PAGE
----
The cast are very strong too, from Todd and Mrs Lovett right through to the ensemble who fill the New’s space with a vitality which is barely contained within its four walls. Justin Cotta’s Todd is not someone you’d like to meet on a dark night, and brings a refreshing unpredictability to the character; he certainly brings out Todd’s inner demons, and makes you quite scared for the safety of your own throat. His scenes with Mrs Lovett are wonderful, especially the ‘A Little Priest’ scene at the end of the first act. Lucy Miller’s Lovett is a woman who makes a little go a long way, and devises the hellish plan to get rid of the bodies that Todd disposes of on his quest for vengeance. There is a girlish capriciousness to Miller’s Lovett which plays wonderfully off Cotta’s Todd, and they are well matched. Josh Anderson as Anthony, the young sailor, is youthful and sincere in equal measure, and his scenes with Jaimie Leigh Johnson’s Joanna are moving and beautifully realized. Courtney Glass’s Beggar Woman is almost prophet-like in her visions of villainy and recognition, and brings humanity to the “half-crazed beggar woman” that no one takes notice of. Byron Watson’s Judge Turpin is perhaps younger than we are used to, but he brings his own charisma and bare-chested zeal to the role which is hard to fault; as his sycophantic officer of the law, the Beadle, Simon Ward revels in the role and brings out a charmingly slimy creature who is always happy to oblige his “friends and neighbours.” Michael Jones as Pirelli, the flamboyant Italian barber, is wonderfully over the top, and resplendent in a silver jacket and white shirt and suit, his ruffled collar and cuffs giving him the air of a peacock. Aimee Timmins as Tobias, Pirelli’s boy-assistant, is convincing, mischievous and courageous, the only one in this whole sorry tale who can bring about an end to the devilry and unspeakable horrors contained within Mrs Lovett’s meat pies.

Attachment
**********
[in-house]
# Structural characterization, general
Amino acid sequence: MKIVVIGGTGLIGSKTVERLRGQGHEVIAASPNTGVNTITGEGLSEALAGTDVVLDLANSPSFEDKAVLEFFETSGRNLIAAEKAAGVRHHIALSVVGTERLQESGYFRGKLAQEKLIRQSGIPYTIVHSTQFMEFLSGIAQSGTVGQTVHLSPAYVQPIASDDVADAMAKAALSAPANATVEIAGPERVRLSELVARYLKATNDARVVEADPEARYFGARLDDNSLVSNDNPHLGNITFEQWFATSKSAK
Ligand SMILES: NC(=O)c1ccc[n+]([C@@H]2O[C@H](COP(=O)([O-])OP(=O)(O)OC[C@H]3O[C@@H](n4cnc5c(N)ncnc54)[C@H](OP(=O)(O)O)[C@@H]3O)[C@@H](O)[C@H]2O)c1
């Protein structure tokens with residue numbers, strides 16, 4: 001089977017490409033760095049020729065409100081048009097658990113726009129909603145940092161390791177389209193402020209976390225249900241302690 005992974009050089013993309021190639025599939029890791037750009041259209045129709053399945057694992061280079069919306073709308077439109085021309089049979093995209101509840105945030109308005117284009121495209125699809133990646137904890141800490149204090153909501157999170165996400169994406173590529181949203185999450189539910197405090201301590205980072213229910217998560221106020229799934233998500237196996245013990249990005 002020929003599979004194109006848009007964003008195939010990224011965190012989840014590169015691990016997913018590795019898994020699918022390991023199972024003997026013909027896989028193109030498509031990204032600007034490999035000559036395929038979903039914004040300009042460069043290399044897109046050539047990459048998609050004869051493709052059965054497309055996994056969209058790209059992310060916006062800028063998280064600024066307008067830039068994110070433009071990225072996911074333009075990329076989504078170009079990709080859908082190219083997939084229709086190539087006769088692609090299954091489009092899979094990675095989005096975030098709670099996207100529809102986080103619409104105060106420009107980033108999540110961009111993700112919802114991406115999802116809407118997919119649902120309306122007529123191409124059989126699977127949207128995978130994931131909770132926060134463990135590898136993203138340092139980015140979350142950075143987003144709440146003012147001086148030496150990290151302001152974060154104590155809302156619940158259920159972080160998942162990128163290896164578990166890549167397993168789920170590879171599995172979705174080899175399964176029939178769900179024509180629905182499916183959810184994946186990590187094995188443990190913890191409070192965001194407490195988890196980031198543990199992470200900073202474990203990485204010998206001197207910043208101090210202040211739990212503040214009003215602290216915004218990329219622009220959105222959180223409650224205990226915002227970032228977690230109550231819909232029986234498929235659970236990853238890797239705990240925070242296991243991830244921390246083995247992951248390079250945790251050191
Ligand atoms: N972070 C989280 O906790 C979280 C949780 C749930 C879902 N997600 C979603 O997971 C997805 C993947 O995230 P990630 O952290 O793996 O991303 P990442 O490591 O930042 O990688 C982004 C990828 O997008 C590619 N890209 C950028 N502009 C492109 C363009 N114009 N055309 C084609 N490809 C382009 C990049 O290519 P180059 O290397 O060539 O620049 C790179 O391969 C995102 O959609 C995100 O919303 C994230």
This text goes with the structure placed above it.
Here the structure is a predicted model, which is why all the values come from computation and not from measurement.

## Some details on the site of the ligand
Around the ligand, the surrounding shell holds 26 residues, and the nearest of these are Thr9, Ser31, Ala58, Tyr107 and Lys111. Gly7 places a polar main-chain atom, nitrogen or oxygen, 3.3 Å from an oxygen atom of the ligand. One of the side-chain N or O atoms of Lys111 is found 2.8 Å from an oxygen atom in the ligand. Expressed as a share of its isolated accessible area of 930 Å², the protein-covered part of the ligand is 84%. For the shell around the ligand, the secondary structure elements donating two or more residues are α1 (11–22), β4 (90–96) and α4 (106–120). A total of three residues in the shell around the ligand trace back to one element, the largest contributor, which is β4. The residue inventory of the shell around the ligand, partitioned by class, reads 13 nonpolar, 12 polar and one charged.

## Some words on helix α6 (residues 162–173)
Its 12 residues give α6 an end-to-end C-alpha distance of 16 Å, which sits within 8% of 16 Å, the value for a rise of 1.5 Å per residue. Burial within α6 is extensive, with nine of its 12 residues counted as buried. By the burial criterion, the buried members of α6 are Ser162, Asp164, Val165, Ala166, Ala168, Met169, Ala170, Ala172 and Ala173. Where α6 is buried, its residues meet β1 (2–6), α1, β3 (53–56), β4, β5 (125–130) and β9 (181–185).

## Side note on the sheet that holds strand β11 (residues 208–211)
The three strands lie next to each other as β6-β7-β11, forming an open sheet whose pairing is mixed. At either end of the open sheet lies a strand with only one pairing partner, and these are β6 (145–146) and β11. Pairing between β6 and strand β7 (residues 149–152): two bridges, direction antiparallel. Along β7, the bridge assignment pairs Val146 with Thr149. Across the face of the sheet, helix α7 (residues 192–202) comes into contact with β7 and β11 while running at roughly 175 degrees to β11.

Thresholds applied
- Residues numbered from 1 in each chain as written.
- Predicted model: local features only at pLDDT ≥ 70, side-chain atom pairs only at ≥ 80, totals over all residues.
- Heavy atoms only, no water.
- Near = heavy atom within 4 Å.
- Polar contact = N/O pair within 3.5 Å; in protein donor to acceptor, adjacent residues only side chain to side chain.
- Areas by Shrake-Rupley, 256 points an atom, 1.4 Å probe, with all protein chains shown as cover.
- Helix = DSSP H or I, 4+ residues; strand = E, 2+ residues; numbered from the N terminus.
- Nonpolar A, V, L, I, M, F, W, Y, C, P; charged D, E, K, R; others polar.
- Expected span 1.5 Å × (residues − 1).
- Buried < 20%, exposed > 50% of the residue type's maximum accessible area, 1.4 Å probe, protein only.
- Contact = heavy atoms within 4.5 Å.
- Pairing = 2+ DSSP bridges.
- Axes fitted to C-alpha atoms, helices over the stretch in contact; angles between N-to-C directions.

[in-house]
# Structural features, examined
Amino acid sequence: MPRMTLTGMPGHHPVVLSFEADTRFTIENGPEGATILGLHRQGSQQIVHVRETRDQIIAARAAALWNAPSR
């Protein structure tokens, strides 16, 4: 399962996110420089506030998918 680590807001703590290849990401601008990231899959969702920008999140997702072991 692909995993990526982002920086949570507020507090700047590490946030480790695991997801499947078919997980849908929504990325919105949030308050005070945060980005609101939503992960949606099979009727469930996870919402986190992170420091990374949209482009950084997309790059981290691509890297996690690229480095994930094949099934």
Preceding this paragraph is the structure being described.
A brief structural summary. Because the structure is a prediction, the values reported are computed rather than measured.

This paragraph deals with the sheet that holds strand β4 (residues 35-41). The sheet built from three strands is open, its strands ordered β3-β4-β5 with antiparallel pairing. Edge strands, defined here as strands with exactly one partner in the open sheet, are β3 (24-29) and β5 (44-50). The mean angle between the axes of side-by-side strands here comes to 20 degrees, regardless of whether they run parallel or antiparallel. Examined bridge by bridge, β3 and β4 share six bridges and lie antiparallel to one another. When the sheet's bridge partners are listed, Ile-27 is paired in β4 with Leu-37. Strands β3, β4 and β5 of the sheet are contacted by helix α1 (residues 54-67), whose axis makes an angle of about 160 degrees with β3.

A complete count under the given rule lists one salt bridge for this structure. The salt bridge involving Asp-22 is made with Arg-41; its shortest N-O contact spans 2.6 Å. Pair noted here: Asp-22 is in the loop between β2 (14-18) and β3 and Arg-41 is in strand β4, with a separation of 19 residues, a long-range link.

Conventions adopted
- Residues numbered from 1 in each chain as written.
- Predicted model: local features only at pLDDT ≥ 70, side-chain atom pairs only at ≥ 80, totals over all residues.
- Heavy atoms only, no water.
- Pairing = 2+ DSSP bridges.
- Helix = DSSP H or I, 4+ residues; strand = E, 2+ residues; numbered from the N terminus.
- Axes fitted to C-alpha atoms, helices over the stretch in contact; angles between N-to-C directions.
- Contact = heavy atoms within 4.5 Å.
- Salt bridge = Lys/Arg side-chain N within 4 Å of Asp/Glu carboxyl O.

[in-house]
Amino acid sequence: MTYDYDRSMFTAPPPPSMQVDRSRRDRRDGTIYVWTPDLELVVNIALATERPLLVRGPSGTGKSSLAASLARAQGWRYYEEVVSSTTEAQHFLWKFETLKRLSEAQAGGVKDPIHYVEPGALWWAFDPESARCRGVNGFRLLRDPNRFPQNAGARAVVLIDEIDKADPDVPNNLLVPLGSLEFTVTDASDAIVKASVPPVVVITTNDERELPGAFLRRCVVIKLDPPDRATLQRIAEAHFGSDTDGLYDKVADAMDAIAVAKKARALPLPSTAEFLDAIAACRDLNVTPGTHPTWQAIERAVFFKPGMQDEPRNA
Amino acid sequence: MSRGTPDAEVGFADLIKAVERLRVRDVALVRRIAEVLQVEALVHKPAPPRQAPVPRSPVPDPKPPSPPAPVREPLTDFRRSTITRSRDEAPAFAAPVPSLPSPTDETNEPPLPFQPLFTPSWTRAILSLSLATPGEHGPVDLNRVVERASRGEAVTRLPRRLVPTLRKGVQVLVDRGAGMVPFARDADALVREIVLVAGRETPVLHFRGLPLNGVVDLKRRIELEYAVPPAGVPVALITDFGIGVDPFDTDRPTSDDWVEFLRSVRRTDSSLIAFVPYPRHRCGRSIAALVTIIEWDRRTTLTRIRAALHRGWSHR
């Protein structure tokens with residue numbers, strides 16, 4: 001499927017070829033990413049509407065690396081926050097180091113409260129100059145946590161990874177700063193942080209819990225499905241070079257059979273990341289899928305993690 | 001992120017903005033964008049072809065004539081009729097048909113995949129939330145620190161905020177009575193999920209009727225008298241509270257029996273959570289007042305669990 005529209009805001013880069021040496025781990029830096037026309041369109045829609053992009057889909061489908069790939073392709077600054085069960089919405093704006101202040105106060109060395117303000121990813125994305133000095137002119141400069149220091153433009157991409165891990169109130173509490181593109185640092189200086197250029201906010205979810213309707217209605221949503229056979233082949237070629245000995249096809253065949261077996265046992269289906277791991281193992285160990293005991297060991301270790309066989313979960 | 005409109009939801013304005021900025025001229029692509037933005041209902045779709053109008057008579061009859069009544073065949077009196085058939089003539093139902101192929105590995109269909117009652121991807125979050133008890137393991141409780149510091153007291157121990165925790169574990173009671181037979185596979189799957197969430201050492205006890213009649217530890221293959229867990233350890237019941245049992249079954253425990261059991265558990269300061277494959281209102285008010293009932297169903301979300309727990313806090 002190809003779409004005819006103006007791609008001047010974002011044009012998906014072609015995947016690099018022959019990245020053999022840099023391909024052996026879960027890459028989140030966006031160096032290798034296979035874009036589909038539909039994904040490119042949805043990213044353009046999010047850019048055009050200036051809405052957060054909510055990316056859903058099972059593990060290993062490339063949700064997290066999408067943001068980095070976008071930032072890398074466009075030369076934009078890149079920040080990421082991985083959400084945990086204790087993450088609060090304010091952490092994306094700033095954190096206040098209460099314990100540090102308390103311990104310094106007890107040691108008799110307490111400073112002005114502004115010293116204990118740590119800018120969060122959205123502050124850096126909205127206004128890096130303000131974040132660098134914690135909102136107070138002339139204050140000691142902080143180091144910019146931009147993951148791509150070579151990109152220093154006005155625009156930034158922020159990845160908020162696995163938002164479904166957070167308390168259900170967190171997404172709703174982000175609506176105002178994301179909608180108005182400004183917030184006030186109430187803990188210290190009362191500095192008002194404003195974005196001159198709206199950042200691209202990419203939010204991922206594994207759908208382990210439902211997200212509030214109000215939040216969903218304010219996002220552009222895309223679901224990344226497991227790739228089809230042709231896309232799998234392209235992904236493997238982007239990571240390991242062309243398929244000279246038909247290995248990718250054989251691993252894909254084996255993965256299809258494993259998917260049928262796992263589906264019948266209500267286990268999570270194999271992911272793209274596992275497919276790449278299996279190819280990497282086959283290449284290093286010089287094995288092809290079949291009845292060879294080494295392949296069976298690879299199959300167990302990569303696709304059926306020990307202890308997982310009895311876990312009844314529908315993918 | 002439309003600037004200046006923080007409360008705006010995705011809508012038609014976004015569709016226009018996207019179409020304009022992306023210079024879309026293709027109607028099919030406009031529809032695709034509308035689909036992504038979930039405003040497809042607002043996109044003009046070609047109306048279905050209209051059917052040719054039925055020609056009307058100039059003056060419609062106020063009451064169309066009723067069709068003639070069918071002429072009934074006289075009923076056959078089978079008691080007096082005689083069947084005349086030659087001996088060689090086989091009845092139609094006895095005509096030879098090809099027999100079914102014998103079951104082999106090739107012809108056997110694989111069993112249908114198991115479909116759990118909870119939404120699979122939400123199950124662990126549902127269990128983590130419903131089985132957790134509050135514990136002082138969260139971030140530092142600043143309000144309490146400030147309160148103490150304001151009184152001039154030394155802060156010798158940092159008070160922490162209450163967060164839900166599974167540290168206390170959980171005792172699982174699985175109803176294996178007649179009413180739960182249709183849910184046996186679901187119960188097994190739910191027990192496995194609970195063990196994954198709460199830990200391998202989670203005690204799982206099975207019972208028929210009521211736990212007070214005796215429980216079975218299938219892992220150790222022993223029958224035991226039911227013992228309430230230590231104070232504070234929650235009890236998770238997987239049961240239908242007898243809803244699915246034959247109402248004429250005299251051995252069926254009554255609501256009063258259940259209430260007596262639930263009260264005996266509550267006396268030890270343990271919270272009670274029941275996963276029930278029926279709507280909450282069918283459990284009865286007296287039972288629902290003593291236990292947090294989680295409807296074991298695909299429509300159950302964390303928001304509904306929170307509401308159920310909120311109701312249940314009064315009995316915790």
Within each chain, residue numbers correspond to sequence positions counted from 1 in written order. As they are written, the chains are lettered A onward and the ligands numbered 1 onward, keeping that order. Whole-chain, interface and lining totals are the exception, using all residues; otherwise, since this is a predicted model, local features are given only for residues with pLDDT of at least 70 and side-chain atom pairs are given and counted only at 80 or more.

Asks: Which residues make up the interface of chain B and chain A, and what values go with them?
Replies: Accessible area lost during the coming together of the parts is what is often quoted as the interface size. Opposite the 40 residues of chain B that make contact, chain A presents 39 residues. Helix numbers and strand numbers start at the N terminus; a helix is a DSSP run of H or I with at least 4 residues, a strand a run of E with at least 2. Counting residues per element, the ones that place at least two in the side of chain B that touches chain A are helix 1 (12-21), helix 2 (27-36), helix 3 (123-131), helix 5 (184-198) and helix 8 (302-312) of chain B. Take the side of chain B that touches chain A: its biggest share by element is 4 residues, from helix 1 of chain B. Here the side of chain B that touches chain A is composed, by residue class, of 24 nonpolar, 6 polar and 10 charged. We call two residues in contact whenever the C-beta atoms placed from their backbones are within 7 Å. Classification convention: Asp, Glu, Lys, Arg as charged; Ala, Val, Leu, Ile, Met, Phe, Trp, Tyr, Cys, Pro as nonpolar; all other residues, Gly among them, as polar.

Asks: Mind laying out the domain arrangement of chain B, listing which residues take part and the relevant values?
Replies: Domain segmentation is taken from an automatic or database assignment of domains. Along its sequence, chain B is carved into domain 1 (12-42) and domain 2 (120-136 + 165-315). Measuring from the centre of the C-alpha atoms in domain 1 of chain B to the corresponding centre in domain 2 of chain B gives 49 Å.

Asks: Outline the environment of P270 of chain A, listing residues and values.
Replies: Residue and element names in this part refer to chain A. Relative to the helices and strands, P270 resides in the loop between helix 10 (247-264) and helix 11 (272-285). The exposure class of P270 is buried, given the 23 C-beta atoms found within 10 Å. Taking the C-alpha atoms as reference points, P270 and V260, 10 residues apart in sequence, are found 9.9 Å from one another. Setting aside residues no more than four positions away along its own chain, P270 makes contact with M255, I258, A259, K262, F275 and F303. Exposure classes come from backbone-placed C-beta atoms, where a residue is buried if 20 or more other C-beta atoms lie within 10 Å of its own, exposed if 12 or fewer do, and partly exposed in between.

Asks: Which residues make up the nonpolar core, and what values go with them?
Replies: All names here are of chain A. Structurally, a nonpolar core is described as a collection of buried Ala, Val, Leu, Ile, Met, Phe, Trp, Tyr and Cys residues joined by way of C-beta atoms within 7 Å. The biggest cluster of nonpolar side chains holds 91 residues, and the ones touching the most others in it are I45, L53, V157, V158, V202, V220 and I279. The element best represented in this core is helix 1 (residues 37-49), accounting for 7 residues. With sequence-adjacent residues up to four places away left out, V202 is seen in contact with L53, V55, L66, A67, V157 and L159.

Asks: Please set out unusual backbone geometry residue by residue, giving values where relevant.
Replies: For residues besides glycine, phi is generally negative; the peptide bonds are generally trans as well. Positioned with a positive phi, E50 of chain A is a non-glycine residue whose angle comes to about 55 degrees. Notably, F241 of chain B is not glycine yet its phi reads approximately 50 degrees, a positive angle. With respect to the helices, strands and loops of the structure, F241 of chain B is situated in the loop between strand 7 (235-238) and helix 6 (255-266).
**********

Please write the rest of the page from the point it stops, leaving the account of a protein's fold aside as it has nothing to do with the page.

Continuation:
There is an undisguised delight amongst the cast here which is thrilling to see. It’s a long show, but every bit as rewarding as it should be, very much in the grand tradition of a Victorian melodrama. If you’re familiar with Tim Burton’s film, you could be forgiven for thinking the story is rather bleak and sombre, but in its full unadulterated statement – the full three-hour show – it is thrilling, dark, magical, and quite funny at times. While there is no stage-blood here, the solution is just as appropriate in keeping with the theatricality of Gartrell-Mills’ world, and provides a lighter moment amongst Todd’s bloody retribution. The factory whistle, which punctuates the score at key moments, is rather diminished despite its function, yet as it stands, it doesn’t detract or break from the show’s momentum.
There is much to recommend about this Sweeney Todd, and it is certainly one of the stronger productions playing in Sydney this December. As Todd cuts throats and hurtles the show towards its inevitable conclusion, it’s hard not to revel in the music, the story, the characters, the whole glorious miasma of it all. As the company sings the final statement of Sondheim’s ‘Ballad of Sweeney Todd,’ we are reminded that “to seek revenge may lead to hell, but everyone does it – and seldom as well – as Sweeney Todd, the Demon Barber of Fleet Street.”

Theatre playlist: 78. The Ballad of Sweeney Todd, Stephen Sondheim

No comments:

Post a Comment